Becoming Like Weaned Children

Reading Time: 2 mins

I would like to tell you all that I have learned this discipline that I am like a weaned child living in full quietness, confident in God’s love and care for me. I cannot.

I am sure each one of us has seen a baby sitting on a mom’s lap who wants to eat. The baby is rooting around looking for something, really anything to latch on to. It wants its milk, and it wants it now! There is no reasoning with a baby that is looking to nurse. You can’t assure it of its mother’s love and tell it that things will be okay. If that baby does not get what it wants in a timely manner, you and everyone in earshot will know the baby’s complaint. I am also sure that you have seen a baby who no longer nurses sitting in the lap of its mother. It is oftentimes just happy to be near the mom, not wanting anything but to be close. This baby has been weaned; it doesn’t rely on its mother’s body to produce the food that sustains it. This baby is content to lean against the mother’s breasts without needing to be attached and taking from the mom.

In Psalm 131, David relates to the weaned child. “But I have calmed and quieted my soul, like a weaned child with its mother; like a weaned child is my soul within me” (v. 2) In the opening of the psalm David talks about how his “heart is not lifted up” and how his eyes “are not raised too high.” He is making a confession of humble dependence on his Father. He isn’t trying to understand all of life, and in fact, he sees he cannot understand all of life. He says that he does not occupy himself “with things too great and too marvelous” for him. He is placing all of his hope in the love, power, and care of his Father. He is displaying the childlike faith that Jesus ​​​​​​​commends in Matthew 18:3 when he said, “unless you turn and become like children, you will never enter the kingdom of heaven.” This faith is completely stripped of its own merit. This faith reclines upon the bosom of another and trusts that all that is needed will be given. This faith is weaned from its own understanding of what needs to happen for life to be sustained, and it believes. This faith confesses the validity of Jesus’s words when he tells us that we don’t need to worry about tomorrow. We don’t need to worry about what we will eat or what we will drink. We can with great confidence rest in the care of our heavenly Father. He knows what you need. He invites you to calm and quiet your soul.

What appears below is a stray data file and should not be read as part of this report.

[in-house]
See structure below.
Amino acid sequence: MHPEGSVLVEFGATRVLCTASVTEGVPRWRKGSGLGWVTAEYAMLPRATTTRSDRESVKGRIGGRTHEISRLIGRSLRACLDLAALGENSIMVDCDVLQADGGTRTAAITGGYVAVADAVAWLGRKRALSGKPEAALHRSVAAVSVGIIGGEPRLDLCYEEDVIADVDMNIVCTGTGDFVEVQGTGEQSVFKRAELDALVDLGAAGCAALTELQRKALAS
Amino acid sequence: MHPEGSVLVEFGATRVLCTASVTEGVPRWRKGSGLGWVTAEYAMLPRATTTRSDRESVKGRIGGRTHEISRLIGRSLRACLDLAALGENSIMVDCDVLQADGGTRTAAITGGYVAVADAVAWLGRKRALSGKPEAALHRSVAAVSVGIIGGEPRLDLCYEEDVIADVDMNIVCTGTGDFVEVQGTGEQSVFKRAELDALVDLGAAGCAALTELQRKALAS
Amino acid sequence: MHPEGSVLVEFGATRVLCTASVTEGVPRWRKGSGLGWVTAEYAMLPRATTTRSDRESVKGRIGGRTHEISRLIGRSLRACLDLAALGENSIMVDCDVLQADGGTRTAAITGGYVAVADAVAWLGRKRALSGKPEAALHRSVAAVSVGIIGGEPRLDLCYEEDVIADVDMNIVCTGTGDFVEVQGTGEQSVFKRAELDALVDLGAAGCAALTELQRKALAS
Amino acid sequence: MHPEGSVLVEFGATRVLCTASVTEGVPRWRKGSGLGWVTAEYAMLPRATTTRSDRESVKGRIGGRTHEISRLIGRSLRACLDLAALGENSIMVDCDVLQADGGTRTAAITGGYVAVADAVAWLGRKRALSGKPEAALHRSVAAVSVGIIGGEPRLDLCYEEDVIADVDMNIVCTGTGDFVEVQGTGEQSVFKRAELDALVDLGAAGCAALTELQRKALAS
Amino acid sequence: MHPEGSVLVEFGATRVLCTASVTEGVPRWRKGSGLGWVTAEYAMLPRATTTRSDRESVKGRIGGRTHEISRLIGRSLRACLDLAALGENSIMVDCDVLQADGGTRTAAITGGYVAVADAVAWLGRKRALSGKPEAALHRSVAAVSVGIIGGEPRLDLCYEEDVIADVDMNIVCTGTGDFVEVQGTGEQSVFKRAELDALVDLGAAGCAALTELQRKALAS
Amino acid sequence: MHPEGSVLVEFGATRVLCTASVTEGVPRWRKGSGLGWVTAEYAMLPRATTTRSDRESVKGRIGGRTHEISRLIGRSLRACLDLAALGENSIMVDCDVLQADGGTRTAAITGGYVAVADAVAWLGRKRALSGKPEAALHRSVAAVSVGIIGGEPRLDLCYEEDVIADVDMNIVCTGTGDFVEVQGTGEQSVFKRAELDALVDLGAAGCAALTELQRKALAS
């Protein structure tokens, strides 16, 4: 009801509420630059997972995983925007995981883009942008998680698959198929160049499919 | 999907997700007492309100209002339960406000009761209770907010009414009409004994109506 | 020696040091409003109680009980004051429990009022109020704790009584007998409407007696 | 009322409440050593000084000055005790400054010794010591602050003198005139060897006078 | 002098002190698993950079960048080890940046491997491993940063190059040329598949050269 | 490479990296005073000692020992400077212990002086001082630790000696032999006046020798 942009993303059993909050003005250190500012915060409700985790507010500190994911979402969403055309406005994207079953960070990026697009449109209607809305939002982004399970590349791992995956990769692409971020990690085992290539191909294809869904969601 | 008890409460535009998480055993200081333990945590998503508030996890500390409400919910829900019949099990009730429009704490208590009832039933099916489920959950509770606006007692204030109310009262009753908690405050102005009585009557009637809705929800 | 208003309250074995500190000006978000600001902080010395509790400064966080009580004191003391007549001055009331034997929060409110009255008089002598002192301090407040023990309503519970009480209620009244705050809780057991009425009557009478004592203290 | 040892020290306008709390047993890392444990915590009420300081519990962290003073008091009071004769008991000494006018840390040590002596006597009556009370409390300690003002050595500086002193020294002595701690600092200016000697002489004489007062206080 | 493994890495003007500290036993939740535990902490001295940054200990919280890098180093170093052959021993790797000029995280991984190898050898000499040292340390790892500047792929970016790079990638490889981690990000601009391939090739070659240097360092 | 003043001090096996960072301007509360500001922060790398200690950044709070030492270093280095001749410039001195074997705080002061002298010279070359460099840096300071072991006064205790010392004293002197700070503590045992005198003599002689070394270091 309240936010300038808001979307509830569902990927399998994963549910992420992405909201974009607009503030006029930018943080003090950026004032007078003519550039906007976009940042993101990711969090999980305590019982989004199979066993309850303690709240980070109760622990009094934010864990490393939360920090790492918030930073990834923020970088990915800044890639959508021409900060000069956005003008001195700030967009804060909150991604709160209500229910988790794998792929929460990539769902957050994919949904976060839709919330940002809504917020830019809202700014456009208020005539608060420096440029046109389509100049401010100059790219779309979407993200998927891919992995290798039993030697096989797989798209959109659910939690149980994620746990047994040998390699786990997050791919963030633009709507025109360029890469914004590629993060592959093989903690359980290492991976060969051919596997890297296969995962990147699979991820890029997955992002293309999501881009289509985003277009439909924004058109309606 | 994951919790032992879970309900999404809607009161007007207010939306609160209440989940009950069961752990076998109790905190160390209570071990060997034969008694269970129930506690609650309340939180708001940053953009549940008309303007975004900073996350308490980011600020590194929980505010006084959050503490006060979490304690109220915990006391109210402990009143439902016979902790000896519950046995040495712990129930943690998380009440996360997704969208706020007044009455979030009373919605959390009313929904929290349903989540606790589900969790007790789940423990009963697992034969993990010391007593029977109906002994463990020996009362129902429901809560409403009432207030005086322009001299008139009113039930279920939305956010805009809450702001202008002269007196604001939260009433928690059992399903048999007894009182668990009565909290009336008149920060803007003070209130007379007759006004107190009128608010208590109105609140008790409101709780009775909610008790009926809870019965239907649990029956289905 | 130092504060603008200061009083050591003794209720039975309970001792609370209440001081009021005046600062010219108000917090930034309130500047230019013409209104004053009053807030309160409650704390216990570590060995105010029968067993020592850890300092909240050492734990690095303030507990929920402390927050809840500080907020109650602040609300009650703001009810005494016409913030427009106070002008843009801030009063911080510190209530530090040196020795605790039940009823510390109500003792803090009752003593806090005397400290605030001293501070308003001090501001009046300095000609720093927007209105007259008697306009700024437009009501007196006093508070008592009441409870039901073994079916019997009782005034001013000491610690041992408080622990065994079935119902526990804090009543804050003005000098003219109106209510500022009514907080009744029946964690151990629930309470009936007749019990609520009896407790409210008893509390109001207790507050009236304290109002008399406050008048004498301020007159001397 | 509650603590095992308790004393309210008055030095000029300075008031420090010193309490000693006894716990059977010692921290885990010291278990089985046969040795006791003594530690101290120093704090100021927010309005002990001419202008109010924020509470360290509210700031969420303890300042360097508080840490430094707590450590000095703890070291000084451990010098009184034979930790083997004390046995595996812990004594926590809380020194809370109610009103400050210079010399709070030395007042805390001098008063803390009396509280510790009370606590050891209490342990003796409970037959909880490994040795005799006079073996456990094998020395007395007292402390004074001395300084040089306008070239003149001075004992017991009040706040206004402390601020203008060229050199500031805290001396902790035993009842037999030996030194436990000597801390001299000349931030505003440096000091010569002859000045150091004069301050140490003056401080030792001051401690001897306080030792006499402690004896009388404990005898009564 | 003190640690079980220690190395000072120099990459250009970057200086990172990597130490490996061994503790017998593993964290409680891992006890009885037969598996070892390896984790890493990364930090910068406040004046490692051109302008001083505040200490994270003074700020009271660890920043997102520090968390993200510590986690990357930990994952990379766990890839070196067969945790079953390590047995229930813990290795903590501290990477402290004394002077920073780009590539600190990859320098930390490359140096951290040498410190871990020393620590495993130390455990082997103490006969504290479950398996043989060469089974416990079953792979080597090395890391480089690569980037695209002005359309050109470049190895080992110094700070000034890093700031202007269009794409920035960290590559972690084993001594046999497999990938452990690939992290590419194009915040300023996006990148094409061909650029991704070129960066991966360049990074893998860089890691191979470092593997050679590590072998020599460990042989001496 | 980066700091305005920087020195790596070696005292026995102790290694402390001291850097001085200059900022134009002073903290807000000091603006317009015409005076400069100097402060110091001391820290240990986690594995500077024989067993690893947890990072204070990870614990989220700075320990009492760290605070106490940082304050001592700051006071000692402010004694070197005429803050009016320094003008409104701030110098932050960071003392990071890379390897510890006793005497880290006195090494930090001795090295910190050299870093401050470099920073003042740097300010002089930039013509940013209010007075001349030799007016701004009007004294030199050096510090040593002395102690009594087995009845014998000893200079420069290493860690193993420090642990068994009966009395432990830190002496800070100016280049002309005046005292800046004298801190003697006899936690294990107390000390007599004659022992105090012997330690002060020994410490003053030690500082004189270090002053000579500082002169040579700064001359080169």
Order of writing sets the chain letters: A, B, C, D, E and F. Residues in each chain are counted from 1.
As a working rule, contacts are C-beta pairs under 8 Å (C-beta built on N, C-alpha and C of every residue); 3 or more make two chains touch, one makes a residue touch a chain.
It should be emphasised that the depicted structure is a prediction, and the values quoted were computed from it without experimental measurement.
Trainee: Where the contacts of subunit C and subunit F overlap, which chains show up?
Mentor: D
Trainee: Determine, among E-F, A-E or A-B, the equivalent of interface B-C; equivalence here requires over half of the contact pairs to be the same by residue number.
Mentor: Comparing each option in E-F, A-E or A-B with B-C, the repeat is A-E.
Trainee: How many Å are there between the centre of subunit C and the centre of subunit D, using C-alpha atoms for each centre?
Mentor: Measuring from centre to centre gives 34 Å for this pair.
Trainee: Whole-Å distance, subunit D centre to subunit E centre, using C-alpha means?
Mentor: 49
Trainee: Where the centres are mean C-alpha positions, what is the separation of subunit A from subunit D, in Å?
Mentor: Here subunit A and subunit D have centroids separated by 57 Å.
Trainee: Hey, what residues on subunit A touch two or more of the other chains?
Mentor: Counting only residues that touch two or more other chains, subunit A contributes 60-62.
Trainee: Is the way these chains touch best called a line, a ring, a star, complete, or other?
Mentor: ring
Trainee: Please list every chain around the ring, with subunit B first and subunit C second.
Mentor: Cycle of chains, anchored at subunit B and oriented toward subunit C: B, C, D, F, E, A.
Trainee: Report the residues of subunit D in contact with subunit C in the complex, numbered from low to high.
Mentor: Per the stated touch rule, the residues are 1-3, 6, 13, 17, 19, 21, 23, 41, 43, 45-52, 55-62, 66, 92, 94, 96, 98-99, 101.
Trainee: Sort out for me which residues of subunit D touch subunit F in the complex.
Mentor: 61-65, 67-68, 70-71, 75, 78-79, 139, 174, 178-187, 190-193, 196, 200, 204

I would like to tell you all that I have learned this discipline that I am like a weaned child living in full quietness, confident in God’s love and care for me. I cannot. I oftentimes am restless and full of anxiousness, wondering what is going to happen next, wondering if God will continue to take care of me. The glorious news of the gospel is that even in my restless, anxious wondering, God looks at me and sees His Son’s perfect record of saying, “Not my will but yours be done.” I am no longer considered the petty, small-minded, suspicious child concerned about my next meal. I am now the Son who knew that the Father’s love would sustain. I am forgiven for my lack of faith. I am forgiven for my lack of trust. I am accepted wholly in the Beloved.

It is that good news that gives me the courage to say what David says in verse 3 of this psalm, “O Israel, hope in the Lord for this time forth and forevermore.” Beloved child of God, hope in the Lord. He has provided your greatest need. He has raised you from the dead and given you life. He has taken you out of the kingdom of darkness and transferred you into the kingdom of his beloved Son. He has forgiven every single one of your trespasses. He has made you as the righteous One. Put your hope in the Lord, not only for the trials of today but for the assurance that he will keep you until the end.